Perhaps this is the gamble Solar Ash takes. Its beauty is in the simplicity of its controls and the exhilaration of executing specific actions at pace. It’s wonderfully tight and focused in design, refusing the clutter of upgrades and Metroid-like ability growth (although you can seek out alternative space suits that confer minor buffs), yet with that it relies heavily on varied level design to coax new applications out of your fixed tool set.
To an extent it does exactly that – each regular anomaly is a subtly different challenge, and each area has unique features. The penultimate zone in particular is wonderfully vast, as you initially pick a route skywards through suspended hoops and girders towards a looming battleship, then drop into a plateau of poison lakes and plants that extend grindable tendrils.
Yet in other ways, it stops a little short. For example, while combat isn’t a major component of the game, a few more types of enemies would have been welcome to introduce new problems in later stages. And while some navigational puzzles have an almost Zelda-like deviousness, forcing you to pay attention to the lie of the land to figure out how to reach an objective, others can be bypassed with a couple of big jumps, or a handful of repeated tricks.
Still, as with Hyper Light Drifter, what matters most in Solar Ash is that it’s worth poking into every corner of the Ultravoid, to discover its secrets or simply see what’s possible. Search beyond the anomalies and you’ll meet a handful of NPCs with problems of their own, and track the trails of voidrunner colleagues that preceded you, all leading towards an earthshattering conclusion.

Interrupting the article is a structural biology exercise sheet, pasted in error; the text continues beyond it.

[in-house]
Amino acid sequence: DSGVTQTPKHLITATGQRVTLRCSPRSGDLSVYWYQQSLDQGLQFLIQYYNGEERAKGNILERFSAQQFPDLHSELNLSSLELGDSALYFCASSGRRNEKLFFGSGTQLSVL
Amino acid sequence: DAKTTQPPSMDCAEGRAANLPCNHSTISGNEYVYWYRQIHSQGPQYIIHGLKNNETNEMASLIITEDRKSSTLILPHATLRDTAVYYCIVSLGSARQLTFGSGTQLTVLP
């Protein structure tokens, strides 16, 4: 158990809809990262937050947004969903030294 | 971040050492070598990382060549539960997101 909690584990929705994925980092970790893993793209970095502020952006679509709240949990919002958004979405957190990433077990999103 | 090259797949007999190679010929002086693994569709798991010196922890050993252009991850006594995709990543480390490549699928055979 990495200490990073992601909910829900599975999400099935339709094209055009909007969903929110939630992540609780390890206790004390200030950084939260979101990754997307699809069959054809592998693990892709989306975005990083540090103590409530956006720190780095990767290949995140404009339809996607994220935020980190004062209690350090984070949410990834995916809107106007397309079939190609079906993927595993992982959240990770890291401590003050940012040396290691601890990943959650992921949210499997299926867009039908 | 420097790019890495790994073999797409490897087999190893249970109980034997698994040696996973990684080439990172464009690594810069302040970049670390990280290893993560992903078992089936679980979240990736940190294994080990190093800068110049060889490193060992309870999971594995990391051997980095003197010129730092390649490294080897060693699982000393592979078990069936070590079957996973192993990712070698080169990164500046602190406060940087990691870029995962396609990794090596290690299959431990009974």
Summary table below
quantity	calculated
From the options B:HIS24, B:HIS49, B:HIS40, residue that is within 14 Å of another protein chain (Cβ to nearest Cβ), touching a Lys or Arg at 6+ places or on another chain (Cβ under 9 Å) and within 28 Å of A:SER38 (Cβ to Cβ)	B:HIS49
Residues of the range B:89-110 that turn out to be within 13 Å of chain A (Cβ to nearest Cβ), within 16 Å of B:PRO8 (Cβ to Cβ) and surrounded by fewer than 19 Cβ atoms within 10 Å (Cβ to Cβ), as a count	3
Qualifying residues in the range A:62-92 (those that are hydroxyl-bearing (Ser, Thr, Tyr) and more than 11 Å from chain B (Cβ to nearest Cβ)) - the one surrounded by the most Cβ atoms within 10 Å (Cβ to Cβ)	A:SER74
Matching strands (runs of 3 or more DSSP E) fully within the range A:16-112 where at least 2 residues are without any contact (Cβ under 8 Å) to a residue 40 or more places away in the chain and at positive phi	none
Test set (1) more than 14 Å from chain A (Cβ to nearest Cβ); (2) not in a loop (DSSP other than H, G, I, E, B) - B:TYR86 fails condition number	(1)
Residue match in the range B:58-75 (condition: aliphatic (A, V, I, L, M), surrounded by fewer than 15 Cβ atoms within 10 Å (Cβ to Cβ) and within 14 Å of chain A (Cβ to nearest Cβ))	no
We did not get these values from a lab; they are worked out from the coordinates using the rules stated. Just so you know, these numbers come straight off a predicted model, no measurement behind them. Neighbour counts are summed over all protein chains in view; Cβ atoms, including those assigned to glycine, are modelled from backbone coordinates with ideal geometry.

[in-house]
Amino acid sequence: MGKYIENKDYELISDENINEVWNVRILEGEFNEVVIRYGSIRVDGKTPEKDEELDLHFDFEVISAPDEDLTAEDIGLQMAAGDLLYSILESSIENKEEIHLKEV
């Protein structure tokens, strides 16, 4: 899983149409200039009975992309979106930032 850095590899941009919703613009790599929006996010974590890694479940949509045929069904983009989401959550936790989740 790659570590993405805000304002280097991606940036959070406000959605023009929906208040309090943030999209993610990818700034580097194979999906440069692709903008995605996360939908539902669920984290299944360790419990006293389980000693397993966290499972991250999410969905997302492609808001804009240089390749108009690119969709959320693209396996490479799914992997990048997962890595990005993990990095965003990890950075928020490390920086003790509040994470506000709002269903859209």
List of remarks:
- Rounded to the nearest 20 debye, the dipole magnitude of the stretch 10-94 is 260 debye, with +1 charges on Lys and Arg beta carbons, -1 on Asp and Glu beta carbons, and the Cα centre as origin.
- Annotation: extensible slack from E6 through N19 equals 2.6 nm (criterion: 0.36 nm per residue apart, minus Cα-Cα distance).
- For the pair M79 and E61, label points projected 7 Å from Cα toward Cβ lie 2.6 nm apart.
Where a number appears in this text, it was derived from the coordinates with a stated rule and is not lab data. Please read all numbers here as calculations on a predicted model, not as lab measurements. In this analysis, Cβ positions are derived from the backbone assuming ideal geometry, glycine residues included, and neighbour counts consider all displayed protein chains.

But the most satisfying questions to answer aren’t the existential conundrums of the void. They’re things like: “How do I reach that string of platforms suspended in the sky?” or, “Does that patch of gunk slithering down the side of a building lead anywhere?” and, “If so, how do I fire myself towards it?”
Solar Ash’s lovingly layered design provokes the desire to know and find out. Combined with those expansive views and slick, freestyle movement, it’s a unique experience that often truly shines.
Solar Ash is a highly original open-plan platform game. A slim move set that rewards momentum is the perfect means of exploring its swirling, broken landscapes and executing its more exacting challenges. While some of its elements feel overly simple, that doesn’t detract hugely from a clinically focused and fresh experience.
- Super slick movement and control
- A fascinating world to explore
- Great art design and gorgeous views
- Boss encounters become repetitive